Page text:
TL; DR: Berkshire Hathaway dropped off Robinhood's list of the 100 most popular stocks, while Kodak made the list. This is not an isolated case. Smaller (and more volatile) is better seems to be a popular mantra in the retail trading universe. Since March, 45 stocks have dropped from the list of the 100 most popular stocks at Robinhood and have been replaced by stocks whose average market capitalization is 2.8 times smaller.
According to our Retail Popularity Tracker, the attention of many retail investors has shifted to small caps over the past nine months. More than before, we're finding that a few-billion- and sub-billion-dollar companies are regularly popping up among the usual mega-cap suspects on our retail popularity list, sticking around for a while and then, often, fading away. Recent additions to our list of trending retail names include: XL Fleet Corp (XL), Foresight Autonomous Holdings (FRSX) and Ocugen (OCGN) to name a few.
Robinhood's Popularity: How it started; How it's going
More love for small caps seems to be part of a longer-term overall trend in popularity among retail investors. To illustrate this, we looked at Robinhood's list of the 100 most popular companies. In particular, we focused on the market capitalization of two groups of companies:
- companies that have entered the list of Robinhood's 100 most popular stocks since March (our "Current Snapshot") and
- companies that have fallen out of this list since March (our "March Snapshot").
According to our analysis, 45 companies have fallen from the list of the 100 most popular companies since March, making room for 45 new companies. We focused at the average market capitalization of these two groups of 45 companies and noted what seems to be a smaller-the-better pattern. Note that we took market capitalisation values on the day of the corresponding snapshots. The average market cap dropped whopping 2.8 times, from about $71 billion (see "March Snapshot") to about $25 billion (see "Current Snapshot"):
A closer look at the ten biggest companies that left and joined the list during our observation period reveals another significant discrepancy. We took ten biggest companies from both groups and compiled a list of twenty, sorted by market capitalization. Surprisingly, only Johnson & Johnson (JNJ) from the "Current Snapshot" group managed to get a spot in the top ten. The remaining nine were from our "March Snapshot" group.
The smallest stocks currently on the list
Finally, we looked at the ten smallest stocks by market capitalization currently on Robinhood's list of 100 most popular stocks. Of those ten, we were only able to identify two that were also represented on our reference list of the Robinhood's top 100 from March.
It is particularly noteworthy that Kodak has found its place on the current list of the 100 most popular stocks. Kodak received a lot of attention from retail investors in July after a $765 million government loan to Kodak was announced. We even saw a single record day with more than 60,000 Robinhood traders adding Kodak to their portfolios.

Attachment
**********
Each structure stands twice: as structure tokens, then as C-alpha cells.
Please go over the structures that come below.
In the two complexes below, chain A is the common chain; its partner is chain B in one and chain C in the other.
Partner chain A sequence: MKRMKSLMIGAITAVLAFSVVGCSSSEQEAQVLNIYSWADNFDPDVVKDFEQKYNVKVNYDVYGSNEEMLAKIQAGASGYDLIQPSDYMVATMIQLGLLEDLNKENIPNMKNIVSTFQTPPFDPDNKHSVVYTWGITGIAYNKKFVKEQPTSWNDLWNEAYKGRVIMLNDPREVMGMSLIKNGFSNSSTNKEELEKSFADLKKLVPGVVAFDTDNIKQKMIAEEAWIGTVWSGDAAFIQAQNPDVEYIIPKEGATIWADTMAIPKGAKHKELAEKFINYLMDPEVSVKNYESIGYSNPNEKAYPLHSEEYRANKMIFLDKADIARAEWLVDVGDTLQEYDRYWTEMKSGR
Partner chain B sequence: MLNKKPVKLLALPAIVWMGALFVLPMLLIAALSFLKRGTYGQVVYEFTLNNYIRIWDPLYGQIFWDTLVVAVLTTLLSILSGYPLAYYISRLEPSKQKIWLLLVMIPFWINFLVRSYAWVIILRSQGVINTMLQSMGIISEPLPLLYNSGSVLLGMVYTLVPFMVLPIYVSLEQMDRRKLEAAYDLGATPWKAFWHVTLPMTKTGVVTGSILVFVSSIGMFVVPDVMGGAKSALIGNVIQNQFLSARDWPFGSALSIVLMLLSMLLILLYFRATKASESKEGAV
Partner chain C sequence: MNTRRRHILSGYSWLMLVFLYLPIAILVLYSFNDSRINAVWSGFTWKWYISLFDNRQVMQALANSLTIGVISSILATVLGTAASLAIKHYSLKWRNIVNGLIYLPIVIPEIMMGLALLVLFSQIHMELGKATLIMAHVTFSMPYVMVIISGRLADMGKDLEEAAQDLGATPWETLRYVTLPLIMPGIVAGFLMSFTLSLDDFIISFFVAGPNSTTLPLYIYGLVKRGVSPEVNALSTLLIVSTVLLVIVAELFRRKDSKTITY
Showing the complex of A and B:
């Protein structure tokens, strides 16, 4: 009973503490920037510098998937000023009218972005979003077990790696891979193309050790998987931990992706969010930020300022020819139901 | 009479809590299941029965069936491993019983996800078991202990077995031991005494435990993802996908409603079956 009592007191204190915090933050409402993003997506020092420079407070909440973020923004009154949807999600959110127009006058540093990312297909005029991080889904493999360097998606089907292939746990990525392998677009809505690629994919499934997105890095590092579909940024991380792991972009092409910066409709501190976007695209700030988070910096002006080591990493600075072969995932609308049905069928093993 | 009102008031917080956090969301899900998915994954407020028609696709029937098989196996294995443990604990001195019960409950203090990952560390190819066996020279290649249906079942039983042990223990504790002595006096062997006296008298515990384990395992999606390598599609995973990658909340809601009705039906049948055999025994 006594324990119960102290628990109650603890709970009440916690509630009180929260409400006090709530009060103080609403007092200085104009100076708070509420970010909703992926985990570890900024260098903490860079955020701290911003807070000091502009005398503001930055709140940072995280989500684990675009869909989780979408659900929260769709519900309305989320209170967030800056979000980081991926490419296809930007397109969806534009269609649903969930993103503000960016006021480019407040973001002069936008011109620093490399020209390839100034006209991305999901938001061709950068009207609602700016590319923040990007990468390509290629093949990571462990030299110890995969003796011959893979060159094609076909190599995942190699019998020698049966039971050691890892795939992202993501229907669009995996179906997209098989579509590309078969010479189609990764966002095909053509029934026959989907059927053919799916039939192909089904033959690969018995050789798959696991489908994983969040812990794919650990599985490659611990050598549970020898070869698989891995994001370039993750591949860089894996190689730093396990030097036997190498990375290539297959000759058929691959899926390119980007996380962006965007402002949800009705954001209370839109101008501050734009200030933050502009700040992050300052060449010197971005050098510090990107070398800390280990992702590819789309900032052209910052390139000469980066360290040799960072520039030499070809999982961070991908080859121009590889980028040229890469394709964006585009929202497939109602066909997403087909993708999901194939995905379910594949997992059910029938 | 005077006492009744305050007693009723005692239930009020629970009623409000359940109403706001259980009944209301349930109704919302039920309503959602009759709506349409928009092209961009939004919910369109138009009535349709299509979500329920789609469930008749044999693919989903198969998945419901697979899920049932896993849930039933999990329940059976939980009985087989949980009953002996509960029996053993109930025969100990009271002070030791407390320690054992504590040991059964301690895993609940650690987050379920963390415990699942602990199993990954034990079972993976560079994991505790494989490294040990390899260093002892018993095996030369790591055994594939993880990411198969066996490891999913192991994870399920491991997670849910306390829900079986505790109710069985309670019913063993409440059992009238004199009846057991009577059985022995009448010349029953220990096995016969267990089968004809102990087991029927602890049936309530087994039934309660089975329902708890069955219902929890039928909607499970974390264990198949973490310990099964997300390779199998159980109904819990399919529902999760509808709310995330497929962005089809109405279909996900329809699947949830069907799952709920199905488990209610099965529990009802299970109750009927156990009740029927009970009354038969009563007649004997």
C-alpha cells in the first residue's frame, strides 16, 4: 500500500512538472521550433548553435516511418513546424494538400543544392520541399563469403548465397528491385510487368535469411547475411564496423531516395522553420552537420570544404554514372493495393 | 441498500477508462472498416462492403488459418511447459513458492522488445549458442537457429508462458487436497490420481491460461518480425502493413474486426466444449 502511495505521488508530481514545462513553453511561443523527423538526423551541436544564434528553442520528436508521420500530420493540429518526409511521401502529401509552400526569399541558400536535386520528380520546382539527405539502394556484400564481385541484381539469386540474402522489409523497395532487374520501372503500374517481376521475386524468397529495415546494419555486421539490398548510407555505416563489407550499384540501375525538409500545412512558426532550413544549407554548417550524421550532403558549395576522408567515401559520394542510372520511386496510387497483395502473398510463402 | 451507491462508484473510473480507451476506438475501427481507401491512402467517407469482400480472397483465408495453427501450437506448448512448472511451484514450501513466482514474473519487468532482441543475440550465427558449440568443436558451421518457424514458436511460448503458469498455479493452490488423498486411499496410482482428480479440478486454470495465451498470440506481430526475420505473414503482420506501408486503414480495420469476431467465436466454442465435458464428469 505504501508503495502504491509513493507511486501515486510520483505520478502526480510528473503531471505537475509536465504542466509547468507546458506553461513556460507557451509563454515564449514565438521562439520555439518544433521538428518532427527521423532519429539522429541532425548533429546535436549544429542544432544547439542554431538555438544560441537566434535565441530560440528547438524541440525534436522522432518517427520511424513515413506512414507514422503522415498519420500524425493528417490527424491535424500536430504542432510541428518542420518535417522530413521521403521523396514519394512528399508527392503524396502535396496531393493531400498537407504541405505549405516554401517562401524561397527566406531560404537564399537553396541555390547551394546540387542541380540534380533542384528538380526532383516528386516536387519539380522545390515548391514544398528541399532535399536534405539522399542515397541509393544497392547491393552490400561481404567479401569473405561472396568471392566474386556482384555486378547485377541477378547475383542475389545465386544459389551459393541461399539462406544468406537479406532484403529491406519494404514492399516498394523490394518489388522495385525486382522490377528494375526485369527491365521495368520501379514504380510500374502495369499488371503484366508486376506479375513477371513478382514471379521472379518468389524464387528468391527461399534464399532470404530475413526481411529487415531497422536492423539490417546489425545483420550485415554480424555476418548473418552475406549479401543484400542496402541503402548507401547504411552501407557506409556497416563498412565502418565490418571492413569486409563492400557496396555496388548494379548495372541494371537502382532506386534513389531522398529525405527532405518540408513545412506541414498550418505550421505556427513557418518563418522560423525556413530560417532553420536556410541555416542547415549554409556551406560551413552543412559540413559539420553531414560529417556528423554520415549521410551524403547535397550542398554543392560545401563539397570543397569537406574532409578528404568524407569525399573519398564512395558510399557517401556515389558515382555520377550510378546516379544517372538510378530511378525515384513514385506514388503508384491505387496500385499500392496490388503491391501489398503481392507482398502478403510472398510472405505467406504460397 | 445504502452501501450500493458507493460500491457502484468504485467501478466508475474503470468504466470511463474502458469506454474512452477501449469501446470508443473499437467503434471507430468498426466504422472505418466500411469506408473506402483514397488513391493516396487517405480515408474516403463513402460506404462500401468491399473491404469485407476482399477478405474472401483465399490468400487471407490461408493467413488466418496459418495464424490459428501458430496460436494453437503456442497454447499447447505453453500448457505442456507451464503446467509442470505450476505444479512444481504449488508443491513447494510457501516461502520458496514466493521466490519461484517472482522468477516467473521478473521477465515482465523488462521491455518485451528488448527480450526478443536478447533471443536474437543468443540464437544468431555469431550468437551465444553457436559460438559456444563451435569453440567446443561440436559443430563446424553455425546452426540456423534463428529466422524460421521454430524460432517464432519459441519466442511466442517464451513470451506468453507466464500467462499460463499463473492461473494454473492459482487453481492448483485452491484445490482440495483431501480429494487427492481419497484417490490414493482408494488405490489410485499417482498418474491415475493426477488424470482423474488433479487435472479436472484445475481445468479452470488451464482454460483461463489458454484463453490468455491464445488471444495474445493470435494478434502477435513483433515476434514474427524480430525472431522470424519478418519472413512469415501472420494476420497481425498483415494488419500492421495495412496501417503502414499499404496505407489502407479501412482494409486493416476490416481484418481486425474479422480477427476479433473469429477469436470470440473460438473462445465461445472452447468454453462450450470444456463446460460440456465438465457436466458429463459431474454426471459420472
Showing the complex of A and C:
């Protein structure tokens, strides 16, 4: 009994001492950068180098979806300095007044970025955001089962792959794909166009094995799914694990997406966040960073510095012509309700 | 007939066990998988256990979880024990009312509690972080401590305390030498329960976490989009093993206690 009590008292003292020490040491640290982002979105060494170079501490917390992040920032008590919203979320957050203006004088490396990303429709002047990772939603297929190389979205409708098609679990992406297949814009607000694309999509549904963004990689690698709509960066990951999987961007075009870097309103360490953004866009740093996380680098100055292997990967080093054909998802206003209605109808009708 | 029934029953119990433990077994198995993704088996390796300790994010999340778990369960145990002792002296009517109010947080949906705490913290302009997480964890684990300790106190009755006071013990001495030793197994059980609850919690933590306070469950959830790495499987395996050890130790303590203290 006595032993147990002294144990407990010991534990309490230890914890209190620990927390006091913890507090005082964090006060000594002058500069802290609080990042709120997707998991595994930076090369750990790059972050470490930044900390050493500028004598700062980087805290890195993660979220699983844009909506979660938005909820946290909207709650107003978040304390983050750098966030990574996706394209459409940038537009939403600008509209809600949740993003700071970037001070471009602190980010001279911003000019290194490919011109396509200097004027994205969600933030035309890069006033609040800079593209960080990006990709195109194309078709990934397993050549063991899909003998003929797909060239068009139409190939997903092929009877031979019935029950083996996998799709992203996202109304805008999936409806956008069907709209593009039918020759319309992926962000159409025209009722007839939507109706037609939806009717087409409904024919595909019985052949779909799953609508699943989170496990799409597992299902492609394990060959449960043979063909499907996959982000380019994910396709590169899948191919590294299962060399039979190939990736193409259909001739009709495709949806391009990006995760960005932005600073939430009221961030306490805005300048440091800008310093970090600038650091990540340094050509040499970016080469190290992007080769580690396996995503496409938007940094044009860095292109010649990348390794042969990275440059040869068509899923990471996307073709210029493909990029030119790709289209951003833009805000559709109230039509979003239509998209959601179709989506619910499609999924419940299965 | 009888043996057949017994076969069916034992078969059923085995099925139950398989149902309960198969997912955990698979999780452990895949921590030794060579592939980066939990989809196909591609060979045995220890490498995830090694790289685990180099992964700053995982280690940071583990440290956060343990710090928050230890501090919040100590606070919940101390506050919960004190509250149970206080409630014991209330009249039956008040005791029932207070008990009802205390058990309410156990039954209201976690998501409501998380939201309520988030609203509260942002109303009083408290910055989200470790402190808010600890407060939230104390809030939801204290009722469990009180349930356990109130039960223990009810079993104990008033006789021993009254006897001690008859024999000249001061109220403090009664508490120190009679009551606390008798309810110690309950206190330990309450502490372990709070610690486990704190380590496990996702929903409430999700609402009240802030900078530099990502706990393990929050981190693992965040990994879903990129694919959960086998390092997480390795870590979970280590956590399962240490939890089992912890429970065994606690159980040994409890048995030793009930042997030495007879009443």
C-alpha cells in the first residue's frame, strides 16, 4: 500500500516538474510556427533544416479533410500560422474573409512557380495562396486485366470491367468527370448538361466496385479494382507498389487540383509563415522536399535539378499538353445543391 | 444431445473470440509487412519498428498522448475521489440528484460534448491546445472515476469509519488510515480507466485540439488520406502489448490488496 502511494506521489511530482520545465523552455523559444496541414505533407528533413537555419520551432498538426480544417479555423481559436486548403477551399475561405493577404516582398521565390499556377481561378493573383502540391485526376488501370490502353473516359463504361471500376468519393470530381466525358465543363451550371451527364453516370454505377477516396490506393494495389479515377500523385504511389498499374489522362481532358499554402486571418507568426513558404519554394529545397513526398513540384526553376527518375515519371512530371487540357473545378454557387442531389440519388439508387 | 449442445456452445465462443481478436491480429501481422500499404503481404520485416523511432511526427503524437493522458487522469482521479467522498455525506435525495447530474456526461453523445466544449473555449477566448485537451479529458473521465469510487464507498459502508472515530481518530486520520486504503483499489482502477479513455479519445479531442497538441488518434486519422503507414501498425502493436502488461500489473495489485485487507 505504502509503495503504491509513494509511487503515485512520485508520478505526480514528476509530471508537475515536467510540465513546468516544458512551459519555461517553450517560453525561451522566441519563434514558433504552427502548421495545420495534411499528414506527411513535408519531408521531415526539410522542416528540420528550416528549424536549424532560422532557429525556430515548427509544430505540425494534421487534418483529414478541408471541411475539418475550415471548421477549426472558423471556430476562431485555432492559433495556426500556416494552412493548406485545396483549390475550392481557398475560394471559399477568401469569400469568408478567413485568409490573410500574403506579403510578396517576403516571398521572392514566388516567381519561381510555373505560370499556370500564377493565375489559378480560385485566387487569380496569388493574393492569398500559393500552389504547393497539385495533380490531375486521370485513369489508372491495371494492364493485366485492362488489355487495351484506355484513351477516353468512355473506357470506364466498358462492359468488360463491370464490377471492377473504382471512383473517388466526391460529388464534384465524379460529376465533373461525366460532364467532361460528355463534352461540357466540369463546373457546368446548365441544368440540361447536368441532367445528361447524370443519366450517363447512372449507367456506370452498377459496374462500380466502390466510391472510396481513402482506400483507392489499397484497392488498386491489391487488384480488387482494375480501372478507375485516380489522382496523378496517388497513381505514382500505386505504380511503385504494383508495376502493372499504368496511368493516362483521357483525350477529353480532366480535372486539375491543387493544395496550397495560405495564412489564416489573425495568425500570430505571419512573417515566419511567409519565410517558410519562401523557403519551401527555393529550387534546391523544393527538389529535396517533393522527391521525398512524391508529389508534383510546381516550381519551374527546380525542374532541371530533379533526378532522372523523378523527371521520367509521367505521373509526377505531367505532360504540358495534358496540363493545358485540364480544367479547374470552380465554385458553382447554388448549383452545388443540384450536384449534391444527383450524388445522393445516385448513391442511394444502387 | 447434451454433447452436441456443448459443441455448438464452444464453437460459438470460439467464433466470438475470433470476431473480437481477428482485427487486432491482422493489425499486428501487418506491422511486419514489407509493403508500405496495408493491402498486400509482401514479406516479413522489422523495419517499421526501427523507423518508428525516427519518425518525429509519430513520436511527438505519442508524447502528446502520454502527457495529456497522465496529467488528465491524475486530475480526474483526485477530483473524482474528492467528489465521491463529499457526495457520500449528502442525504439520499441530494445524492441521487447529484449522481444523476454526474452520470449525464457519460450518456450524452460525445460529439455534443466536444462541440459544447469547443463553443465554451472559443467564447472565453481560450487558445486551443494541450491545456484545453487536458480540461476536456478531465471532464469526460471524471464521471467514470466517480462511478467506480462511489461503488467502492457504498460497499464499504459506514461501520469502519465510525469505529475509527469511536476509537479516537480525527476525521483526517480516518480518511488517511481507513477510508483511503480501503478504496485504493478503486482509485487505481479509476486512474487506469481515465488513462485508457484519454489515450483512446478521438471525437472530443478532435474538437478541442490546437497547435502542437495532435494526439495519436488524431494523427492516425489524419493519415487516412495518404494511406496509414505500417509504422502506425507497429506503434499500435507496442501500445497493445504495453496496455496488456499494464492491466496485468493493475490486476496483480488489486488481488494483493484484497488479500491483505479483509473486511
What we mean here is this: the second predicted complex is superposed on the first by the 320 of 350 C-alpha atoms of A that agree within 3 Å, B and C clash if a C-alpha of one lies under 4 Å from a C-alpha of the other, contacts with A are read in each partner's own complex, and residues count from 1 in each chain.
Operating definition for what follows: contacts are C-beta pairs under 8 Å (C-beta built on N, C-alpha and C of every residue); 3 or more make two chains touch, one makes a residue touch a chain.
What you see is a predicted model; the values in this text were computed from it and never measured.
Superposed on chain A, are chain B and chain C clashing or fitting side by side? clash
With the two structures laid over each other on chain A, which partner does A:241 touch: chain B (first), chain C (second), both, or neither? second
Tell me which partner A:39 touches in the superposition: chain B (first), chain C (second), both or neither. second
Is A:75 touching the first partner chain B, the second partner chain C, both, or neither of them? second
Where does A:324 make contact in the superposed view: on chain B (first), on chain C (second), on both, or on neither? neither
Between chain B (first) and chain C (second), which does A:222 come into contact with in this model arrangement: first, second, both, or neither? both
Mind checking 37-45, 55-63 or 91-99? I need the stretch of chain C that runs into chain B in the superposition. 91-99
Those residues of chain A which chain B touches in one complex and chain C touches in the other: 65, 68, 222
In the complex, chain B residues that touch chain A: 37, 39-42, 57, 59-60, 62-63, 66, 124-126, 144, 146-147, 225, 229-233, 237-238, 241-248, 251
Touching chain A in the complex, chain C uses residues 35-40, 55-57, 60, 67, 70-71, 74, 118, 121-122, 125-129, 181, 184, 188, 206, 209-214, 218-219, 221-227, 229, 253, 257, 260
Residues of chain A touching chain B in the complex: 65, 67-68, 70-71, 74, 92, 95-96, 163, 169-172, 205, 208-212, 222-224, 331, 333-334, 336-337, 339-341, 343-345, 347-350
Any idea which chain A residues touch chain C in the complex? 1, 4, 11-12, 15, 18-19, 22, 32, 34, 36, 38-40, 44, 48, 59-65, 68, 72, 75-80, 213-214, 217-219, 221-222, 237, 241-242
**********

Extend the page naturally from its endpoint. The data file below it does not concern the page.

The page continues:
Aside from Kodak, the other notable stocks with the smallest market capitalization that chrashed Robinhood's 100 most popular party include:
- a well-known movie theater chain company, AMC Entertainment Holdings (mkt cap about $400m),
- a children's media entertainment company, Genius Brands International (about $400m), and
- a Canada-based company from currently hardly avoidable EV-sector, Electrameccanica Vehicles Corp (about $550m).
Retail investors enter 2021 as an unexpectedly important investor group that became a must-watch group after many intense and unusual trading moves in 2020. Their activities attracted huge attention not only of the media and other retail investors, but also of professionals.
At Breakout Point, we continuously track retail popularity and estimate retail sentiment and retail flows in real time. We don't yet know what the 'Kodak-s', 'Hertz-s', 'Airbnb-s' and 'ARK's' of 2021 will be, but we're keeping a close eye on all the developments.
FAQ | Q: Can I publish parts of above data and analytics in an article? A: As long as you reference our work in your article - yes, you can.
FAQ | Q: Could you provide more related data and analytics? A: Sure, join Breakout Point and start benefitng from our services.
* Note: Unless otherwise stated, presented data and analytics is as of available on 2020-12-24, UTC 12:00.
The services and any information provided by Breakout Point or on the Breakout Point website shall not be, or construed to be any advice, guidance or recommendation to take, or not to take, any actions or decisions in relation to any investment, divestment or the purchase or sale of any assets, shares, participations or any securities of any kind. Any information obtained through Breakout Point and its services should never be used as a substitute for financial or other professional advice. Any decisions based on, or taken by use of, information obtained through Breakout Point and by its services are entirely at own risk.